The Washington Times
March 5, 2007

Washington Times Op-ed—The Battle Against Fascist Conformity

by J. Michael Smith
HSLDA President

It is hard to believe that within the civilized world in the 21st century we would still need to talk about actions used by the Nazi party in Germany to enforce civic conformity to the Nazi ideal. Unfortunately, this is exactly what is taking place in Germany today, and homeschoolers are the targets.

On Feb. 1 Melissa Busekros, a homeschooled 15-year-old from Bavaria, was forcibly removed from her home by a team of 15 SWAT officers. She was placed in the psychiatric wing of a Nuremberg clinic and her parents were not allowed to see her. She was deemed to be suffering from “school phobia.”

Melissa was then taken to another psychiatric institution and her parents were not informed of her location. Eventually Melissa was allowed to call her parents so they could hear her voice, but then the authorities took her to another undisclosed location.

As of this writing, Melissa is allowed a brief, once-per-week visit with her parents, at a government building, but still cannot tell them where she is being held. This ordeal is horrifying for Melissa and her parents.

Aside from the fact that this treatment should not happen to anyone, the Busekros are not a family that should have attracted any police attention. As recently as Dec. 23, the family was pictured in Erlanger Nachrichten, the local daily newspaper, as an example of a rare “model family.” It was the fact that Melissa’s parents chose homeschooling that brought down the wrath of the government.

Melissa had been attending public school but fell behind in math and Latin due to severe classroom disruptions. Her parents decided to homeschool her in these subjects. Melissa continued to participate in music and sang in the choir through the public school. She took advanced courses in English and French at the local community college.

It should be noted that homeschooling is illegal in Germany, but the Busekros family hoped that the school authorities would be flexible since Melissa was no longer subject to full-time attendance requirements. The recalcitrance of German authorities can be traced back to 1938, when Adolf Hitler, fearing that parents had too much influence over their children, banned homeschooling.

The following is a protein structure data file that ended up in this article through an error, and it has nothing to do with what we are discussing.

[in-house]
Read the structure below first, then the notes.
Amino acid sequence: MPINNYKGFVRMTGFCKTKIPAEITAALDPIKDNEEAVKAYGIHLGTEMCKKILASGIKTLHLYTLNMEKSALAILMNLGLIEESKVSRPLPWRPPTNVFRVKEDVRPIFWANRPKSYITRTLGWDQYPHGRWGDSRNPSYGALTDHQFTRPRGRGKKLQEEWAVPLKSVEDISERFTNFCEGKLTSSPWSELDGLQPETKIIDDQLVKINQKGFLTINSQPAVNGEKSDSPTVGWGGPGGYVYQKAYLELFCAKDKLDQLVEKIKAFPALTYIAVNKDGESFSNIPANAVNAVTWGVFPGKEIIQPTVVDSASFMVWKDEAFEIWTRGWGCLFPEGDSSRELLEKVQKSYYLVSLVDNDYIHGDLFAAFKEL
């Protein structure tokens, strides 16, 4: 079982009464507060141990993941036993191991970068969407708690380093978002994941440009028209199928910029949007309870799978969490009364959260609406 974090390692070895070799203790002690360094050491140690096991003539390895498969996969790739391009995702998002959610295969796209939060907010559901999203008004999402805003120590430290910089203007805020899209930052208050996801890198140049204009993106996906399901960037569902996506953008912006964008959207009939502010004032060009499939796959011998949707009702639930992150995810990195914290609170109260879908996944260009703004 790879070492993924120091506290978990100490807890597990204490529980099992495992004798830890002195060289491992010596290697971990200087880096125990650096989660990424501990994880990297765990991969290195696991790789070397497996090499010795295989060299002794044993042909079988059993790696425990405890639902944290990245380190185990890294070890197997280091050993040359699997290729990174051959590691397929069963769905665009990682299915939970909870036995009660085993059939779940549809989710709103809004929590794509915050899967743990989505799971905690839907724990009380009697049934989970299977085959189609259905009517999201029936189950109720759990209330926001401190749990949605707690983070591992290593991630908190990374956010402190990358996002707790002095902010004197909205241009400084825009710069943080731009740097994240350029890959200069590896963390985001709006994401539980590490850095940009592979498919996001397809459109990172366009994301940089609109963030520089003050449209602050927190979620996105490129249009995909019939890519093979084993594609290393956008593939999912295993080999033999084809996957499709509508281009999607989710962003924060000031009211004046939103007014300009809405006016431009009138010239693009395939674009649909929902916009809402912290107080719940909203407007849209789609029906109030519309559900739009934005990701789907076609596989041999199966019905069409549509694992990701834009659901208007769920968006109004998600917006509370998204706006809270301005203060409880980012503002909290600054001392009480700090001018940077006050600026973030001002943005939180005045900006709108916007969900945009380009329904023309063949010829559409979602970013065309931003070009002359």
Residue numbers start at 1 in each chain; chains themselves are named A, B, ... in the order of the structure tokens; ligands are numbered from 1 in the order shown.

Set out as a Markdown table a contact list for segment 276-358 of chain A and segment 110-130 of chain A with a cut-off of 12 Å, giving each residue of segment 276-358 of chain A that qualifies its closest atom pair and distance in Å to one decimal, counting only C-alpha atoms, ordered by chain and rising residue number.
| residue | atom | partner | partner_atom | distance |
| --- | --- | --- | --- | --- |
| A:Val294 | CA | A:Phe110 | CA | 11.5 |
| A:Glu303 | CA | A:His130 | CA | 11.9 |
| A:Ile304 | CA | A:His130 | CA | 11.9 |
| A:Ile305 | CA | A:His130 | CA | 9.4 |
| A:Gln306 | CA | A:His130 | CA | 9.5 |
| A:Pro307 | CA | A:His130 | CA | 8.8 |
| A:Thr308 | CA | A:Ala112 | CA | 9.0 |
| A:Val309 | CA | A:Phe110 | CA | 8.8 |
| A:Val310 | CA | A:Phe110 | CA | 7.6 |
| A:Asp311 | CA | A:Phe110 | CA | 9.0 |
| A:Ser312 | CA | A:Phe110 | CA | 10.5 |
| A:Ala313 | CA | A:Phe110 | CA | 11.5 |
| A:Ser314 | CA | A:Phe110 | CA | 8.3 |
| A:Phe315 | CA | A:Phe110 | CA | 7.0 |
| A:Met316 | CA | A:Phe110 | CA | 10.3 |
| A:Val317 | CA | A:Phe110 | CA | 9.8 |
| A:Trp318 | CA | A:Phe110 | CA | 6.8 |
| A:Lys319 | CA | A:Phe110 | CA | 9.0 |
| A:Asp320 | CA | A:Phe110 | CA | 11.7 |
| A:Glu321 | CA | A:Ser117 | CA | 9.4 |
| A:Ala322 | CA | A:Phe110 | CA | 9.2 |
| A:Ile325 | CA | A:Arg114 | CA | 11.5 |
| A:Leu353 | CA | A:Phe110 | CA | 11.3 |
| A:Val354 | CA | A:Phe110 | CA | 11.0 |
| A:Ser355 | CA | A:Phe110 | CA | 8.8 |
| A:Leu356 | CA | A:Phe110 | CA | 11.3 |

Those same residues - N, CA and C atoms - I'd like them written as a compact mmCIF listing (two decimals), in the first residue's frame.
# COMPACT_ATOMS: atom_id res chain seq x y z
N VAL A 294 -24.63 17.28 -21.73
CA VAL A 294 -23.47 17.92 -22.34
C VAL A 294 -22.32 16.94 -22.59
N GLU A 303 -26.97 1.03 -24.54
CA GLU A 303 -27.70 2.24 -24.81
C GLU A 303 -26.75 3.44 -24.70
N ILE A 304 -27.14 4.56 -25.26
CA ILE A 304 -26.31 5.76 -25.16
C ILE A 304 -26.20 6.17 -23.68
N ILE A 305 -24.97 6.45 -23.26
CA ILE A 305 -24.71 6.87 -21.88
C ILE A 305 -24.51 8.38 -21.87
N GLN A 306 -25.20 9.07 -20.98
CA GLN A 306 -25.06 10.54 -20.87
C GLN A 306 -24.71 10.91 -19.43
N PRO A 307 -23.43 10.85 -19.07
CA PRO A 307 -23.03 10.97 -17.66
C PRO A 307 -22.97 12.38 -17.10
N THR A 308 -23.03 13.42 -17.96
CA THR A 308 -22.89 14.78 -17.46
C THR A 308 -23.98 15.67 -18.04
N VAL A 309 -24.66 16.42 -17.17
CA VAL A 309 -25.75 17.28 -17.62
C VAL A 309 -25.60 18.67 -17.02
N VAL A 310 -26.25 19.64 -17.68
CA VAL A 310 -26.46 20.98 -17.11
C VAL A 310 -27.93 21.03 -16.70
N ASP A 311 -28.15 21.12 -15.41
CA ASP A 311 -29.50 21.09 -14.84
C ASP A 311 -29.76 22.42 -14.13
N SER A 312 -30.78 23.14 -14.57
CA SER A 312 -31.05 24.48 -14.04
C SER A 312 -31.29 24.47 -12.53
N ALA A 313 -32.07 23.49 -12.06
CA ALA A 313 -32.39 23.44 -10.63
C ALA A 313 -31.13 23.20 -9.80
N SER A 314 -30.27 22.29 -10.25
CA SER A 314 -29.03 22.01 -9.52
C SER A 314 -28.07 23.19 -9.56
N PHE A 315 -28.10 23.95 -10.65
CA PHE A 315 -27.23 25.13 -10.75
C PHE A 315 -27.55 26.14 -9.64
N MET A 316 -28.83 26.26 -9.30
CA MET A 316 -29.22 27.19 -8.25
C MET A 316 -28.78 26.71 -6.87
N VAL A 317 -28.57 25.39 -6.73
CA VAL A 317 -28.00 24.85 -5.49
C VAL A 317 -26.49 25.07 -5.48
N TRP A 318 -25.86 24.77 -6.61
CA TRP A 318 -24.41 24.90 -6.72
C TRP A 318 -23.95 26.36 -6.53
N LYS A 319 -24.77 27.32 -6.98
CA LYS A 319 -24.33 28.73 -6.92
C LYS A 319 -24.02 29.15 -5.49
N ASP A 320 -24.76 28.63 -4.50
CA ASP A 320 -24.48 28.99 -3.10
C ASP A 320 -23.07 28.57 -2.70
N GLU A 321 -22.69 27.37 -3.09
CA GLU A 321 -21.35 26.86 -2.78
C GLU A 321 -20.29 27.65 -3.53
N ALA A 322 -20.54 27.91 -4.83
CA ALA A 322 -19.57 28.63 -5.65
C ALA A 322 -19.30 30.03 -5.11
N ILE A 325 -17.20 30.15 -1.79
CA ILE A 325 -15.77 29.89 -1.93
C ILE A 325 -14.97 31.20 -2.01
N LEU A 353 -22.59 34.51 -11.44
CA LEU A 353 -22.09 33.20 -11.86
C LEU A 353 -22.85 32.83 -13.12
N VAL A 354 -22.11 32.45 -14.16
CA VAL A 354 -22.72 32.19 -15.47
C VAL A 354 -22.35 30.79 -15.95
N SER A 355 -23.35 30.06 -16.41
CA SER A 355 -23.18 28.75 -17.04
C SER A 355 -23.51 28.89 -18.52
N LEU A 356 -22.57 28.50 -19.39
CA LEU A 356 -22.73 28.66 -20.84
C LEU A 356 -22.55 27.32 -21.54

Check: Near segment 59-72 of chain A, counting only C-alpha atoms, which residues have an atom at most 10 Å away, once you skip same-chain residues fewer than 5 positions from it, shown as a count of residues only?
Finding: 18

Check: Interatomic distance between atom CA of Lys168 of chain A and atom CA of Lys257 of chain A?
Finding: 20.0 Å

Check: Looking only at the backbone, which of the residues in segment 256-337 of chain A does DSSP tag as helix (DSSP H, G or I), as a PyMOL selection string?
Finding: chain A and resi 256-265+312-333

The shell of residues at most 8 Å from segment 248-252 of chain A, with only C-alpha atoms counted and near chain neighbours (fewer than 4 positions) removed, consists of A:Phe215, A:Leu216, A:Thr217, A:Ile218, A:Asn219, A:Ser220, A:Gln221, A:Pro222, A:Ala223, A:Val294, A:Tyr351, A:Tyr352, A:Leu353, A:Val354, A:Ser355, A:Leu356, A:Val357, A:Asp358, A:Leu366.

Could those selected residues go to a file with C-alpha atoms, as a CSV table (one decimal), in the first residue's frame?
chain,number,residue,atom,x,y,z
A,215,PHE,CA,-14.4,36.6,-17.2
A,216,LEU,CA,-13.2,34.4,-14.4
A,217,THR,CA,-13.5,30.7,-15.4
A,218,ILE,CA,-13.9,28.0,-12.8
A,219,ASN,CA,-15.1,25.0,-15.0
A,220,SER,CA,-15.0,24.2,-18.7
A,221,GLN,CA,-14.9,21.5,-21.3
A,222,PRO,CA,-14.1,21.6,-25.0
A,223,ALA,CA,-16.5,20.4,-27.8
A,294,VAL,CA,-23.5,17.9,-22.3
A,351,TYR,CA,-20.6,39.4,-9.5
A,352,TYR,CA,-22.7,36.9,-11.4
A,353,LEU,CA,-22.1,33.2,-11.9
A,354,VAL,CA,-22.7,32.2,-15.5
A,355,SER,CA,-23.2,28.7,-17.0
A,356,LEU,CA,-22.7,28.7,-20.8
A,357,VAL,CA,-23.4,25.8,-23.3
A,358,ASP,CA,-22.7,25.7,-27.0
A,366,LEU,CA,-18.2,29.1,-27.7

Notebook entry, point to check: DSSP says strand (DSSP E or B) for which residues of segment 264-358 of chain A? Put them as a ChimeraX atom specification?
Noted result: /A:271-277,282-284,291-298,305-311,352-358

This law still exists in Germany today. The German government fears the development of parallel societies and will act aggressively to stop anyone trying to move away from the state-sanctioned educational system. Melissa is just the latest example of heavy-handed state action.

Every person in the civilized world should be shocked and appalled about these events in Germany. If the German government is not held accountable for these actions, then it is likely the problem will spread. If Germany does not recognize the fundamental right of parents to direct the education and upbringing of their children, then it can no longer be considered a free country. In this case, Germany could learn a lesson from the United States.

On this side of the Atlantic, at the moment, we take very different approach. The U.S. Supreme Court case Pierce v. Society of Sisters, 1925, addressed an attempt on the part of Oregon to require all children to attend a public school. In Pierce, the concerns were the same as in Germany. Oregon decided that religious schools were a threat and could produce a parallel society. Therefore, all children should be forced into public school, where all would receive the same education.

The court rightly determined that the child is not the mere creature of the state and consequently there was no compelling government reason to force children into one mode of education. The ruling recognized the fundamental right of parents to direct the education and upbringing of their children.

This ruling has served the country well. While there are regular conflicts with state authorities, parental rights are still generally upheld within the court system.

The concern for the United States is that when U.S. judges look to foreign precedents to inform their decisions, parental rights could be in jeopardy. The fight for freedom is becoming globalized. What happens in other countries can find its way to our shores.

It is hoped that the German government will do the right thing and relent from pursuing parents who want to exercise their fundamental right to homeschool their children in peace.

Michael Smith is the president of the Home School Legal Defense Association. He may be contacted at (540)338-5600; or send email to media@hslda.org.

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